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More About: Declaration of Independence

Striking Similarities

Two hundred thirty years ago yesterday, fifty-six individuals signed a document pledging their lives, fortunes, and sacred honor to establish individual liberty on planet earth. In the document these courageous individuals stated the philosophy upon which human relations exist and the sole purpose of government. Since they had tried every which way to reason with the king of England to change his relationship with them and that they were not justifying their rebellion for light and transient causes, they appealed to the “Supreme Judge of the world” asking for his blessing that their intentions were indeed correct.

As honorable individuals do, they also stated to the world twenty-seven reasons why they were justified for terminating their relationship with their current government. Today’s Americans have very similar grievances with their current government.

In 1776 the major complaint was that King George refused to acknowledge the current laws of the day that were wholesome and necessary for the public good. Today’s government, though, acknowledges laws like the Patriot Act, income tax, and spying on individuals without the appropriate legal authority that are not wholesome or necessary for the public good.

Another complaint was that the king did not enforce the laws already on the books, very similar to what today’s government does. Still another complaint of the colonists was that the king would dissolve the legislative bodies or have them meet at unusual, uncomfortable, and distant places. Although the president cannot dissolve congress nor have congress meet in an inconvenient location, he really does not have to because congress continues to hand over its powers to the executive anyway such as the duty to declare war and allowing the making of law through executive orders.

Very similar to today’s current situation, the colonists stated that King George made it extremely difficult for foreigners to immigrate to the colonies, and just like King George our current government has erected a multitude of new offices sending hither swarms of officers to harass American citizens eating out their substance making it very difficult for individuals to live.

Acknowledging a jurisdiction foreign to their constitution was another grievance and reason our ancestors gave for declaring their independence, similar to how the current American government looks upon the United Nations charter today. Today’s American government, like that of King George, cuts off trade with other parts of the world through tariffs, fees, and agreements with other governments. Although taxes are imposed with the consent of the citizenry as opposed to what the king did without citizenry consent, the elected representatives who impose the taxes in the first place do not have the courage to get rid of them nor do they have the courage to stop the profligate spending.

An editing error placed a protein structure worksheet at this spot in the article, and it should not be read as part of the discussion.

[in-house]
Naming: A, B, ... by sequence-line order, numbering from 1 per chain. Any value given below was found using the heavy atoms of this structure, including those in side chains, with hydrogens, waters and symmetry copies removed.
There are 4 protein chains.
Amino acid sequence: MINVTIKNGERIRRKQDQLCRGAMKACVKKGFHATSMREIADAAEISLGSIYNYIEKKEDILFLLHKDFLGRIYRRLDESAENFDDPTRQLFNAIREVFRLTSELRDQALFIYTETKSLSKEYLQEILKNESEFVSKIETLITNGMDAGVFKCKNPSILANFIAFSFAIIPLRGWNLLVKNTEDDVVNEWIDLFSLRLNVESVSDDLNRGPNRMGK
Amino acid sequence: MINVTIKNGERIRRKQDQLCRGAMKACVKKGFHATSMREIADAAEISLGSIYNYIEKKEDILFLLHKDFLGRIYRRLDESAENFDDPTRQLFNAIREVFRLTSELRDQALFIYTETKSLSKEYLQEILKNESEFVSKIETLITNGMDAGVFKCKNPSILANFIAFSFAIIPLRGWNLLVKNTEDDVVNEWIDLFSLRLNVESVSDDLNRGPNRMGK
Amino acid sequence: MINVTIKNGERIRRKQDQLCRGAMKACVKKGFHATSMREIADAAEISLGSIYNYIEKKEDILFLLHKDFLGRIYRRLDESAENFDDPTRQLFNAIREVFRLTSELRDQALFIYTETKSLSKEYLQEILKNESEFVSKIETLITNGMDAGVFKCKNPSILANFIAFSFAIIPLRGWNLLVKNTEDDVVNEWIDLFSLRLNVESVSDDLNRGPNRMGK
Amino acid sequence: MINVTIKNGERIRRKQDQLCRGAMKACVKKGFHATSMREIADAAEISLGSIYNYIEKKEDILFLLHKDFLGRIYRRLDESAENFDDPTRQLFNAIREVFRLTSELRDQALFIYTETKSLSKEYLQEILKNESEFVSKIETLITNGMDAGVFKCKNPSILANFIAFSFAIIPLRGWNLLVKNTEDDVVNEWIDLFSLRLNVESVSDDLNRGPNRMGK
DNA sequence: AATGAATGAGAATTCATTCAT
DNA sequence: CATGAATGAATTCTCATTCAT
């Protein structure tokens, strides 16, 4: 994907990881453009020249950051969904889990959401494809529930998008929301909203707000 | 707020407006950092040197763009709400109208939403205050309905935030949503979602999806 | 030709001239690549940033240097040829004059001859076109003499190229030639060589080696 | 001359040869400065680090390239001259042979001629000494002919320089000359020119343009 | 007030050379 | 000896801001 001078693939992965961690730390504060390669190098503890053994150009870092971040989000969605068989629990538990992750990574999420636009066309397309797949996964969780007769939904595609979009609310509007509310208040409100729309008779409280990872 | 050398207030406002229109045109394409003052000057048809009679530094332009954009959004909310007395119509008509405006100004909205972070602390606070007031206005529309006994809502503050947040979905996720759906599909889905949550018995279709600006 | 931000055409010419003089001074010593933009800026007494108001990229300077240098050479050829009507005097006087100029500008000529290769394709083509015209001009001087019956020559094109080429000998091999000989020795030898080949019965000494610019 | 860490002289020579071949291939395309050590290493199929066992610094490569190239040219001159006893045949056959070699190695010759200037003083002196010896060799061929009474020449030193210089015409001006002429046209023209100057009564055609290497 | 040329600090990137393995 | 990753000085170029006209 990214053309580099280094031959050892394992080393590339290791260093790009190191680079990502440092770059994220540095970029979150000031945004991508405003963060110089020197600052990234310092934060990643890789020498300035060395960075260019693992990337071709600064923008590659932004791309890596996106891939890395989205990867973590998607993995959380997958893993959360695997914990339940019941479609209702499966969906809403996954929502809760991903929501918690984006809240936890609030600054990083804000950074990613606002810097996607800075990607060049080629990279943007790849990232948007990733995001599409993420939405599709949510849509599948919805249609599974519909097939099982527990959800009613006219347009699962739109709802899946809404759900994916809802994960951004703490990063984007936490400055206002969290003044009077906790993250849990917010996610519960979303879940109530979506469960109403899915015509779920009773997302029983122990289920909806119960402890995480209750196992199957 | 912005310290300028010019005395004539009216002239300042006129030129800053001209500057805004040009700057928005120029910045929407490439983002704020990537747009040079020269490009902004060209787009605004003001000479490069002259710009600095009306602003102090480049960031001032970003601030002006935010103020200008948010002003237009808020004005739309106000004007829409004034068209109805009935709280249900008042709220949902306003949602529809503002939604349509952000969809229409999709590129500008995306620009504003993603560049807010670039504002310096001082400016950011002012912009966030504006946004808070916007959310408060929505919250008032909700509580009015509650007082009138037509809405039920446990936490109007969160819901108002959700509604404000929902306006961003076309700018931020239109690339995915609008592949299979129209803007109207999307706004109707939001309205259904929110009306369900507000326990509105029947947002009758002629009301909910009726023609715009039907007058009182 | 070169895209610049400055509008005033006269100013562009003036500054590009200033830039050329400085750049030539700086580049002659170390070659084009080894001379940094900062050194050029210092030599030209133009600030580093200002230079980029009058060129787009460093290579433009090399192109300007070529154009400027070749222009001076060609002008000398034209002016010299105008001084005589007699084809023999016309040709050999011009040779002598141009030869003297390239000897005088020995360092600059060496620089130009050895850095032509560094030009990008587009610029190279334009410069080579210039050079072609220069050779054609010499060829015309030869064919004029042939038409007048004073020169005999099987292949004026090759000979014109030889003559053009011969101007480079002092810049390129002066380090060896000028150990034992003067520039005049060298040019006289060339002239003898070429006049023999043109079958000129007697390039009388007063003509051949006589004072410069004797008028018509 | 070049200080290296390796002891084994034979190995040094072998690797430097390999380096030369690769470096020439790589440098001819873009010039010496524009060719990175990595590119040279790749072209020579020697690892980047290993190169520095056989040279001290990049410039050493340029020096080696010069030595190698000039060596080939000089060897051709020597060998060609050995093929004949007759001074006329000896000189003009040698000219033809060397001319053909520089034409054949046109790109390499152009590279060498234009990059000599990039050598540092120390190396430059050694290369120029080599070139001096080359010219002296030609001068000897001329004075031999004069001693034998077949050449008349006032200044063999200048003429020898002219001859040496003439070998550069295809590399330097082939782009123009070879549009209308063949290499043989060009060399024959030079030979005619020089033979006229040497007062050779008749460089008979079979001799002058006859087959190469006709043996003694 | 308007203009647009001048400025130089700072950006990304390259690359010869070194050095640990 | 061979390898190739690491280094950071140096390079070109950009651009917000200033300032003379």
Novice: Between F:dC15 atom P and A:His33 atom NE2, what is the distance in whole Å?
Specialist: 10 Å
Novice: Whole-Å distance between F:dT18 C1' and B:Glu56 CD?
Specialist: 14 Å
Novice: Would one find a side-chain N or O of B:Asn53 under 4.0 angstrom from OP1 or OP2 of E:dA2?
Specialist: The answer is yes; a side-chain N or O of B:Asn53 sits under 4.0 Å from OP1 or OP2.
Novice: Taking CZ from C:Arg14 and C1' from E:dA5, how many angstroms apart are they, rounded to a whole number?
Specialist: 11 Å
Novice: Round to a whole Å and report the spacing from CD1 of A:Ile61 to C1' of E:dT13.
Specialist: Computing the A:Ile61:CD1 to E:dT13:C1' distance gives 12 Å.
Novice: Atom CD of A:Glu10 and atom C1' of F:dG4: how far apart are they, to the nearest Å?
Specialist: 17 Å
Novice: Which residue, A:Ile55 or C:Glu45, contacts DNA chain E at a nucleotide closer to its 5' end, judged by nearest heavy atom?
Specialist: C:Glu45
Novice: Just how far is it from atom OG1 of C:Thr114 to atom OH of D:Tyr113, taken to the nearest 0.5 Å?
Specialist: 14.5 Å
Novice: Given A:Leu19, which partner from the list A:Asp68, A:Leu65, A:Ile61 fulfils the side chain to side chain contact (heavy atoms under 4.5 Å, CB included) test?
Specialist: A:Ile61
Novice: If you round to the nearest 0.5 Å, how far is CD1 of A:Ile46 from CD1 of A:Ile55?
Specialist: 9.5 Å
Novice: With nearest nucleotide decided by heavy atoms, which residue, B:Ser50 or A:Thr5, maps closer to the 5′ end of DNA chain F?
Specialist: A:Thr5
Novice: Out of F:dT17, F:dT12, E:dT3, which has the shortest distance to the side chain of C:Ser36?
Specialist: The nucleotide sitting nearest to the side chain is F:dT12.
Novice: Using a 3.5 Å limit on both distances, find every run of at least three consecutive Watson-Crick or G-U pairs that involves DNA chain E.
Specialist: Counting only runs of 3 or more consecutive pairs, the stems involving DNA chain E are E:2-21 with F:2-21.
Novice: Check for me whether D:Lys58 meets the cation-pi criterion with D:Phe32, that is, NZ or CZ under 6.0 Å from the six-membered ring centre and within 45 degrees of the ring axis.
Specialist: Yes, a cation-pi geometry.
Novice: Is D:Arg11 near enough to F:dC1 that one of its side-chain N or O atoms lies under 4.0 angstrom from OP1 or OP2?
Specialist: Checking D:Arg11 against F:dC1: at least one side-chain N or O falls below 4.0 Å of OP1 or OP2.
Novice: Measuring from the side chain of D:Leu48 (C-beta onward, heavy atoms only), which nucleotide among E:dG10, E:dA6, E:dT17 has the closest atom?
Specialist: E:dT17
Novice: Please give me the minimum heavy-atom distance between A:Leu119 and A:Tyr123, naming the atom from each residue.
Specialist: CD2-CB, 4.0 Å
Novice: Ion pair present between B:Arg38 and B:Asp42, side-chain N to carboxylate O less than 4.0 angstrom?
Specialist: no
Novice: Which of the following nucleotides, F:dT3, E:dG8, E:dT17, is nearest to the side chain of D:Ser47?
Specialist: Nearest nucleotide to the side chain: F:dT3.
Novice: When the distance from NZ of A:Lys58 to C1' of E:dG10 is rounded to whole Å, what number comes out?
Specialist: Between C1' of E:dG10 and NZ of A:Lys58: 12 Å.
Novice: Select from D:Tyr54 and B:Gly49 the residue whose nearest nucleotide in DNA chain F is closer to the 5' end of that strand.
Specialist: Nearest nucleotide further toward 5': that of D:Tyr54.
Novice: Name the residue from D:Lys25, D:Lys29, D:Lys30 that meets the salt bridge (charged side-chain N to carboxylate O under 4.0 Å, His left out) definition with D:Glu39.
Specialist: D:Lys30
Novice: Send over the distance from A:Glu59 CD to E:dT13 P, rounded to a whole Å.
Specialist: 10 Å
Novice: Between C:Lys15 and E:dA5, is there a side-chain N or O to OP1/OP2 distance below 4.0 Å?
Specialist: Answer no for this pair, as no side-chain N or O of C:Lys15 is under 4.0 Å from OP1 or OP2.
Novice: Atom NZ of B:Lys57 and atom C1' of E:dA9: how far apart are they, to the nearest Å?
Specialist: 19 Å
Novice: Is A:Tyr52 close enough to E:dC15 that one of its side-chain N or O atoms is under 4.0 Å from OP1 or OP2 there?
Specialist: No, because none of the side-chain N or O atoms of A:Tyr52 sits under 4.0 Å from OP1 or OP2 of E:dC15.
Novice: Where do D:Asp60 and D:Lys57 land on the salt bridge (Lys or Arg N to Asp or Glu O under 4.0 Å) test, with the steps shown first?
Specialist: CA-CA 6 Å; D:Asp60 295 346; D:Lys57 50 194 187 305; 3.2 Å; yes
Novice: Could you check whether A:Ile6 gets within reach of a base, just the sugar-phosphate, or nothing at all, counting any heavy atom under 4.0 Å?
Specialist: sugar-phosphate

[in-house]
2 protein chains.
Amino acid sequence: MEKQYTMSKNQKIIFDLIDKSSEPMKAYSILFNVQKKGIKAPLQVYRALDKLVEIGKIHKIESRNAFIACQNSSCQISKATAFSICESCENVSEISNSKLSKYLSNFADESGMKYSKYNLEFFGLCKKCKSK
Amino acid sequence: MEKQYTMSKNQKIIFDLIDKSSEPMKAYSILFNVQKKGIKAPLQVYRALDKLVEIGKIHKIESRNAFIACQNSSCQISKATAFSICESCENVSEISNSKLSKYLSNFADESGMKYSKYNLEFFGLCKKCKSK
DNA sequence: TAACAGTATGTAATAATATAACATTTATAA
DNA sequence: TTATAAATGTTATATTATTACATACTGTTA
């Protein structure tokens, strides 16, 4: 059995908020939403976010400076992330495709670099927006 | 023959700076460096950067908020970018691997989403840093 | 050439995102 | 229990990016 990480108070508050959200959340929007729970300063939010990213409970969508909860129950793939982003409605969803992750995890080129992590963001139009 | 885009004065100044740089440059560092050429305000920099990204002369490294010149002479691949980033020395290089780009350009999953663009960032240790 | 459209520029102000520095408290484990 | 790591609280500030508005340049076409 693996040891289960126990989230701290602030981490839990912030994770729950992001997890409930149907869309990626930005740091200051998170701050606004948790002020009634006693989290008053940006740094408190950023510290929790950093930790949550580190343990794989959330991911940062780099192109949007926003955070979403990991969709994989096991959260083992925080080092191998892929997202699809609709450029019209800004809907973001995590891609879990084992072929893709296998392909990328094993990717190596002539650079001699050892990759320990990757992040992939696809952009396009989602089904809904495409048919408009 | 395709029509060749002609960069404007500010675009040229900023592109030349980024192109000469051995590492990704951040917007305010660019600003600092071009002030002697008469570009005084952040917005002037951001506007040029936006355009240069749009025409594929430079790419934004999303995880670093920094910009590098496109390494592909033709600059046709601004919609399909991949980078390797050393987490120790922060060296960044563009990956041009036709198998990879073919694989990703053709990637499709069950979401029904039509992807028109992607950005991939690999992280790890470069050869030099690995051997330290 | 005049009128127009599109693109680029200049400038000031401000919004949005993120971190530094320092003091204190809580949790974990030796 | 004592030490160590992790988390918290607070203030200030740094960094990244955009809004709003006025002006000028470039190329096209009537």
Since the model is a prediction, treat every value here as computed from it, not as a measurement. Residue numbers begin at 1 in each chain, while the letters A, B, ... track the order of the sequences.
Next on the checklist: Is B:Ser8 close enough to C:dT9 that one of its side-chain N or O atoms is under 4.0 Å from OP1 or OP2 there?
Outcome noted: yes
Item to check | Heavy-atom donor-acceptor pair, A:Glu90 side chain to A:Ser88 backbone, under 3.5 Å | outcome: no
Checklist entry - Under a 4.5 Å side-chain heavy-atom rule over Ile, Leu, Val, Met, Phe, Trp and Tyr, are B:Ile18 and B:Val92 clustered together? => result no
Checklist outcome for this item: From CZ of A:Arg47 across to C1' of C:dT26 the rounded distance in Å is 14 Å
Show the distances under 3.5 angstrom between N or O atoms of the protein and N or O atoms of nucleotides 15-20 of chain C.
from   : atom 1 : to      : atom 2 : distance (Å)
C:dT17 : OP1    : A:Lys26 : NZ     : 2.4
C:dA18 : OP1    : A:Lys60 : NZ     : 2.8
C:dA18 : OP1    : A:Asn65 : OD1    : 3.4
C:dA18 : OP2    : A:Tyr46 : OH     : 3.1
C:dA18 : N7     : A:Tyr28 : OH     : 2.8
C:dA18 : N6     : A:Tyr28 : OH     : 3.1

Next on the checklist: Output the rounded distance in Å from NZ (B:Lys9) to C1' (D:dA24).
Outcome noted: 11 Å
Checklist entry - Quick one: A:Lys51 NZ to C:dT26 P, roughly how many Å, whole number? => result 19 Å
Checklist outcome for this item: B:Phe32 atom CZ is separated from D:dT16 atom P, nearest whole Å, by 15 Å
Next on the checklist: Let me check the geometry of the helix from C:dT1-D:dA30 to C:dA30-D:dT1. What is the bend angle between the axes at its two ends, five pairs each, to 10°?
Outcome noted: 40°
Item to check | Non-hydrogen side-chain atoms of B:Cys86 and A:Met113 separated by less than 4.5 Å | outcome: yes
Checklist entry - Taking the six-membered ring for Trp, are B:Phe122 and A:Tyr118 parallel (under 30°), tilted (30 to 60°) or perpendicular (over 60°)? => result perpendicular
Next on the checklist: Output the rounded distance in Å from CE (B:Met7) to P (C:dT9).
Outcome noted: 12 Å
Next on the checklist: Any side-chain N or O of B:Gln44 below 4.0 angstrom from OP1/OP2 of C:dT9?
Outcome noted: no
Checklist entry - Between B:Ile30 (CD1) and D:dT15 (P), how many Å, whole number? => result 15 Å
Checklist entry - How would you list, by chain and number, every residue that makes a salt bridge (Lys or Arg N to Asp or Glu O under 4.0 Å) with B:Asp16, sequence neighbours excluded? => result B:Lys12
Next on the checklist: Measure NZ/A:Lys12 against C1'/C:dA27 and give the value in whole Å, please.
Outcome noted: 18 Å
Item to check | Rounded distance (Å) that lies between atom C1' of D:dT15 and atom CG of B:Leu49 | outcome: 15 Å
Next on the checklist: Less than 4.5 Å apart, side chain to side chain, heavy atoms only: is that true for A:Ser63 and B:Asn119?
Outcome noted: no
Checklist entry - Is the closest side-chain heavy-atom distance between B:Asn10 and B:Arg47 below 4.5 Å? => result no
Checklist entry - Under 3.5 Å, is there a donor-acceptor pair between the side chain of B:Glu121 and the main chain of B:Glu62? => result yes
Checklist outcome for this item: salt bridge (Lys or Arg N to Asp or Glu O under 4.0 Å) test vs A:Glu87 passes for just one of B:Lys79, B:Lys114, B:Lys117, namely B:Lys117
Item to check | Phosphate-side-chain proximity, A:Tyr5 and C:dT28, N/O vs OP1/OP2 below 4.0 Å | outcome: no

In many cases, like that at Guantanamo, individuals are deprived of a trial by jury just like the colonists were in 1776. Individuals can also be tried in a location where the crime was not committed if it is supposed that a fair trial cannot be had.

By obliterating the Bill of Rights today, the current American government acts similarly to King George, when he abolished the most valuable laws of the colonist’s day. The king actually waged war against his own people. The American government wages war against its own people through the war on poverty, the war on terror, the war on crime, the war on drugs, the war in Iraq and Afghanistan, and every other war the American government initiates. All of these wars are a war against its own people because individual rights are taken in exchange for so called security.

Today’s American government destroys individual property and lives through all of these wars and through the misuse of eminent domain. Instead of protecting individual rights, the current American government continues to enslave its citizens and make the citizenry more dependent upon it. This is not freedom and is not what the Declaration of Independence is all about.

The similarities between what the founders faced in 1776 with their government, and what the current generation of Americans face today with theirs, is very striking indeed, including the leaders’ name George. A huge difference, however, is that the founders gave the current generation of Americans the Constitution as a method of peacefully returning American government to its original foundation of individual liberty. Now all that is needed for freedom to prevail today is for all Americans to know and enforce the U.S. Constitution.

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